the poetry that matters

Danielle Turso

Danielle Turso is from New York City.


playing pretend


riskless grips thrusted broken.

beast trips slurred

from john wayne father hips, breaching pristine, obscening.

preteen infancies are ceded, thieved of consonance,

of reverence. spiral mired faces

space us.


(mute the news when we walk in the room;

when we plug our ears they sound like plunder.

must be the meatus protesting our invasion)


my gums pulse to be a tiger's,  

to discard delicate, to do god's work,

but i have only milkteeth and my eyes are barely open.




What to Say When His Father Dies


A car on the side of the road is as good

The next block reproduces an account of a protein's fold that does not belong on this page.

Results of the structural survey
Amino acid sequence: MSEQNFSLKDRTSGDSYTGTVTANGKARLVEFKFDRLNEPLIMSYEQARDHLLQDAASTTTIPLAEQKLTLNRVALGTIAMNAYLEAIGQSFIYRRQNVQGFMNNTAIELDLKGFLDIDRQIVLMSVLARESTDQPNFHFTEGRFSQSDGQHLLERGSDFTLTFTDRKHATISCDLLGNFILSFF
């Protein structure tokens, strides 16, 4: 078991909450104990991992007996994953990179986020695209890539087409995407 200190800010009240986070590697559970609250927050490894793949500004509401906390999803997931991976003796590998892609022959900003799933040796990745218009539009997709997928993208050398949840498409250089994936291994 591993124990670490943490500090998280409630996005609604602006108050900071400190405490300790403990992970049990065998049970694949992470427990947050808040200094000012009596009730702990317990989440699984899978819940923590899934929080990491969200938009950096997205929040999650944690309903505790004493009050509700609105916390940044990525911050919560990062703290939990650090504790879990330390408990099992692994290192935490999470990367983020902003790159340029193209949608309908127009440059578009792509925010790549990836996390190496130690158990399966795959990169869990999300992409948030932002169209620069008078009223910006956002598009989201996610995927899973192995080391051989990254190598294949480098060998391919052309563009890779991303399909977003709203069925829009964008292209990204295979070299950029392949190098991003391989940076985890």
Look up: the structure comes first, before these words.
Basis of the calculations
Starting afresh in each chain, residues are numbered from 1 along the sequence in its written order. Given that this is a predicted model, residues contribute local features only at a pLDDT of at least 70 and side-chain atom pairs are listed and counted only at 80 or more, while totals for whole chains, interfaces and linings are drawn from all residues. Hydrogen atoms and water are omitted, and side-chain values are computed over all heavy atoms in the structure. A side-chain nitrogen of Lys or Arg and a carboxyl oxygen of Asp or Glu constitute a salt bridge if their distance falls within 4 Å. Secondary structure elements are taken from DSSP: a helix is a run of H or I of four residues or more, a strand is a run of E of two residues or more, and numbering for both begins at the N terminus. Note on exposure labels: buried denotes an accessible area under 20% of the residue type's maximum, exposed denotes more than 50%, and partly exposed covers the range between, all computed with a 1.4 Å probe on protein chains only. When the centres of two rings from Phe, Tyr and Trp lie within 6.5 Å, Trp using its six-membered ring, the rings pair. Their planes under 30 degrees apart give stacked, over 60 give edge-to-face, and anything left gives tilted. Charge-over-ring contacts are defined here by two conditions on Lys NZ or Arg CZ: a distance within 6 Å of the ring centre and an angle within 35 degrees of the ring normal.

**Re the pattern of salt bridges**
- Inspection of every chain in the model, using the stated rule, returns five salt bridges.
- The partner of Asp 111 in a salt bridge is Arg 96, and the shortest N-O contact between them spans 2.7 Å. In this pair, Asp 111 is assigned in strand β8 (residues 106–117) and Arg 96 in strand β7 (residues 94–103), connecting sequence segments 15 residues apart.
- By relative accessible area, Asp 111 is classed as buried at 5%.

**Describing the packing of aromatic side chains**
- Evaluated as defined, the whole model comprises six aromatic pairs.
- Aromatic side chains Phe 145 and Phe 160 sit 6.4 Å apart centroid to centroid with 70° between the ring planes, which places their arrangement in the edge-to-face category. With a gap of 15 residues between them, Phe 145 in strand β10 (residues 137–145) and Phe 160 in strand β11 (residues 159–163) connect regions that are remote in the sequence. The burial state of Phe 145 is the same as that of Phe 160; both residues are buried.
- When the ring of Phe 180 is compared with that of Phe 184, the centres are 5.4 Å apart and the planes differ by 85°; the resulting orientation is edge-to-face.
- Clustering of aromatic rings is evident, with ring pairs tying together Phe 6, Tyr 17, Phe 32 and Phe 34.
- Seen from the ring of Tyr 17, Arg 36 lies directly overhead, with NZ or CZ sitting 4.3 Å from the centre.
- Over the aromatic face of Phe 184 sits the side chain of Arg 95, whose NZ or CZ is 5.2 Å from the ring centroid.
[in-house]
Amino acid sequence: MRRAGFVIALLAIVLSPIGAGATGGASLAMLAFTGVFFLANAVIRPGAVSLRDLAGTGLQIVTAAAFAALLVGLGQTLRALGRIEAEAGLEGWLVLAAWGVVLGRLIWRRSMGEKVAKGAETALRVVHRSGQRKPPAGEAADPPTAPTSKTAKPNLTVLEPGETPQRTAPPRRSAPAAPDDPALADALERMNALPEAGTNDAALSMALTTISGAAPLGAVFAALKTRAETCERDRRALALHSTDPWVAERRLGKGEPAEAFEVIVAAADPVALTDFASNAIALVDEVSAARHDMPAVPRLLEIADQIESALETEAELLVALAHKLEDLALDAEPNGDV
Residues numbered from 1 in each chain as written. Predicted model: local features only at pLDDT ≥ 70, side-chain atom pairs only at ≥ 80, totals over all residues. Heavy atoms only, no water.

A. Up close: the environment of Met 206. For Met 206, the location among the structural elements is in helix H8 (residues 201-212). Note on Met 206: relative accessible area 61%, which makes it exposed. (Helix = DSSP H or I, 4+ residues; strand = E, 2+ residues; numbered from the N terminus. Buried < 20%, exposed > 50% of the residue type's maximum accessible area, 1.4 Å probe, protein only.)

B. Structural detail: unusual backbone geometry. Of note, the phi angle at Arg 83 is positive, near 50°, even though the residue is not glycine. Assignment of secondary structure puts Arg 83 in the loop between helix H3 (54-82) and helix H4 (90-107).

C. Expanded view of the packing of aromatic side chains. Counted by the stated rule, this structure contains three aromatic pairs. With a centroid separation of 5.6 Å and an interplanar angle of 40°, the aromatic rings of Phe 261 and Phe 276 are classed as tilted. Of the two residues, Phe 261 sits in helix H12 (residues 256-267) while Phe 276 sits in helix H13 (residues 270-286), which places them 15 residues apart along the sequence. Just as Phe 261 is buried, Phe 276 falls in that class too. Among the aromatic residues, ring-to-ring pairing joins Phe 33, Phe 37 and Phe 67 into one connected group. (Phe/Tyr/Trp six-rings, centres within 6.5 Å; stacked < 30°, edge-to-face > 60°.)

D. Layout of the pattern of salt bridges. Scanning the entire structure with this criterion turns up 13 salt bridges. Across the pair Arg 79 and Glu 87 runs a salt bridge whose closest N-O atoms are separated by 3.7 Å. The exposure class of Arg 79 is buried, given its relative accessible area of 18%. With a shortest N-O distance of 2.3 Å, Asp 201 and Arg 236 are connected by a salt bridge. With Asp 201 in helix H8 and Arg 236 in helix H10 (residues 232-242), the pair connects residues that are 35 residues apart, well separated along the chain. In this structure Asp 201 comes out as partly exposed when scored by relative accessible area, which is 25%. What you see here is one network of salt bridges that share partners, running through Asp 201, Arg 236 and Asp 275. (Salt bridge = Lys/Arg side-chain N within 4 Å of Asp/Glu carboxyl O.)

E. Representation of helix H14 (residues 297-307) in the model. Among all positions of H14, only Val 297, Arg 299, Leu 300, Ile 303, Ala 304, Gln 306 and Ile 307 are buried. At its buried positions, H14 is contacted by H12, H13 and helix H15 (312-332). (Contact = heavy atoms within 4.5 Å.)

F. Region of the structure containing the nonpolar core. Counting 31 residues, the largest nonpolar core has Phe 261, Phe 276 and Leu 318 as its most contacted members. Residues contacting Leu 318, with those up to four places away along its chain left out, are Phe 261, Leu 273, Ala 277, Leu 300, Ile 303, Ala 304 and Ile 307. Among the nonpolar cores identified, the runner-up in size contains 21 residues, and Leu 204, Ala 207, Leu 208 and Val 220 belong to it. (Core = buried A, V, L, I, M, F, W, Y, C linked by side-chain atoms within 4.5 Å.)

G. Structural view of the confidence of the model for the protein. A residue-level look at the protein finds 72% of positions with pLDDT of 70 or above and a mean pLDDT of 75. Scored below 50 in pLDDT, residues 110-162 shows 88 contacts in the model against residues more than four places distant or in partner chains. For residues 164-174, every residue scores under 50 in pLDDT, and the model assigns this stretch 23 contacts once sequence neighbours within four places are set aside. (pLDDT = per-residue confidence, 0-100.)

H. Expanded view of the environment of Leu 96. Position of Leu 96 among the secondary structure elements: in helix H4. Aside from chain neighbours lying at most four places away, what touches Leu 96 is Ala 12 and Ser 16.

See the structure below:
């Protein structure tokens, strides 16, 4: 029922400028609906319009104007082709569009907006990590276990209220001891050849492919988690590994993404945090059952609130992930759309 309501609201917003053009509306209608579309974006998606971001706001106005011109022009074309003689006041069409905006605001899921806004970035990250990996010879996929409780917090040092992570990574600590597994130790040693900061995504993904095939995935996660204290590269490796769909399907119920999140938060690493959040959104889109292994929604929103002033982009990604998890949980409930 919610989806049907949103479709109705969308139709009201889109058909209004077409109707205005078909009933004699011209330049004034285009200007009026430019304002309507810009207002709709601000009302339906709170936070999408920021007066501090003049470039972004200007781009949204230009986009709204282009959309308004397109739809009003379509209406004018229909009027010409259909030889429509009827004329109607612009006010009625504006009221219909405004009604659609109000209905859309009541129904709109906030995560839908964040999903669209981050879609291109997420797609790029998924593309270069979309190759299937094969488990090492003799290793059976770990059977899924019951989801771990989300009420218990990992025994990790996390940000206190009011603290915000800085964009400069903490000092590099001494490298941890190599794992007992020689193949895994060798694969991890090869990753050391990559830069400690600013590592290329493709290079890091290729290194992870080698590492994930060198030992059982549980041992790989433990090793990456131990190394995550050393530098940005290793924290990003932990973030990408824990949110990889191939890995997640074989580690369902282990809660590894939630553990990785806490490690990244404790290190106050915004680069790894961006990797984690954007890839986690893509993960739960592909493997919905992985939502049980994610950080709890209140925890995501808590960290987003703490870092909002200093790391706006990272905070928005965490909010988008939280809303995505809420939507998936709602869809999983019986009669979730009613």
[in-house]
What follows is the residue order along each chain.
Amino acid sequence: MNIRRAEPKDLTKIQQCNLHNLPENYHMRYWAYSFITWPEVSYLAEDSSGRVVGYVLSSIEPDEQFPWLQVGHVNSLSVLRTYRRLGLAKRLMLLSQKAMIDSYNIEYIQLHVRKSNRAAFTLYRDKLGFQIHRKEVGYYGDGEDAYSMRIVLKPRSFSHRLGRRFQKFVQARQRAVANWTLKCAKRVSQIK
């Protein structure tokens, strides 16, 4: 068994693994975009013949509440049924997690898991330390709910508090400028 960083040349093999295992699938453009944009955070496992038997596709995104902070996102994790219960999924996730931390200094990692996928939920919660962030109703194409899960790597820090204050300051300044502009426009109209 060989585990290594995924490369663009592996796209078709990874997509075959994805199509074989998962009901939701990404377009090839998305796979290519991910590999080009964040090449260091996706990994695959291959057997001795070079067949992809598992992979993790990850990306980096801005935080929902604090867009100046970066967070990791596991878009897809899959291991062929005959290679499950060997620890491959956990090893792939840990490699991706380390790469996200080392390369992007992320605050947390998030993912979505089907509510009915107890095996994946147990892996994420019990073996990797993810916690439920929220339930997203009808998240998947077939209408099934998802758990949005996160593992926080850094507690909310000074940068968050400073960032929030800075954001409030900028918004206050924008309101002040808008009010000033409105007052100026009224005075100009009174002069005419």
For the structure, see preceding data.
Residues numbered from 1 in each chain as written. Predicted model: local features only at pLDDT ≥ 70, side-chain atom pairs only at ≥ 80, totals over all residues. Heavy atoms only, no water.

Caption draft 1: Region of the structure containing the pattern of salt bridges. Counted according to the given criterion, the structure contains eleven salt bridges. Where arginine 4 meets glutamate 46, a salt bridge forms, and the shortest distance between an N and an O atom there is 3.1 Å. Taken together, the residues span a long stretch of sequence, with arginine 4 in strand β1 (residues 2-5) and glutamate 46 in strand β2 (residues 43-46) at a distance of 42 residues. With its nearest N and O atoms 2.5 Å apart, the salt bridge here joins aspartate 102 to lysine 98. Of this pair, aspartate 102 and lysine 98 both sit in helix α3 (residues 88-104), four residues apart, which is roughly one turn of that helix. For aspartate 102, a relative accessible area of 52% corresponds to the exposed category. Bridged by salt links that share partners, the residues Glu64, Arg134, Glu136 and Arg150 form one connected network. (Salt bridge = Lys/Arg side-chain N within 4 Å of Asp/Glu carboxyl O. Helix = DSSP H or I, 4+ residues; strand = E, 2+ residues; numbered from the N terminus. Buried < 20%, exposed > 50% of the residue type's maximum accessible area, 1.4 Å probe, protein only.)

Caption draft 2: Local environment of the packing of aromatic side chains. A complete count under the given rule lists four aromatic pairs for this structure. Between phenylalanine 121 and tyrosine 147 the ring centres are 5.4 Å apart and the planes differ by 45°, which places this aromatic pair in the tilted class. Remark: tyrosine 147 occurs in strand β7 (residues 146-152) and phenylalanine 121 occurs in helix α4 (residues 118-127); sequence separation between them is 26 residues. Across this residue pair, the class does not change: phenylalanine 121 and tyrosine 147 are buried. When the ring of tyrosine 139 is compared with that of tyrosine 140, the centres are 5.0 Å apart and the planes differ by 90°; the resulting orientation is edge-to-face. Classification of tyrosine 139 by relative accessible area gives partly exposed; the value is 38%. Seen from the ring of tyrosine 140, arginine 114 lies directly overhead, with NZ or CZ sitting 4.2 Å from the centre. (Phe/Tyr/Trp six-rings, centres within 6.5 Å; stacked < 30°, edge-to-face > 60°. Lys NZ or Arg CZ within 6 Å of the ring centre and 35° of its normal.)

a place as any. Some seconds are wetter

than others. They have the same area,

but not the same volume. Re-feel the ripples,

don’t choke on dry dock. His car swilled

centuries, waves and wakes, and our seconds

are flooded sideways. There’s something to

say about the sparks in sarsaparilla, the way

they feel in our throats being different

than the way they feel to the air.


I saw his face today on the seven train.

You know, he looks the same as always.


The lenses won’t reconcile for me either.

Some of my minutes were in his car and

you would have wanted me to hold them.

Your jars have molded. Fill them with

vinegar. You need to saturate at a time

like this. But sour softer, the spill is steep,

the wrong sauce too messy to unstream.

Some seconds are wetter than others.



                                                                                                                January 11, 2014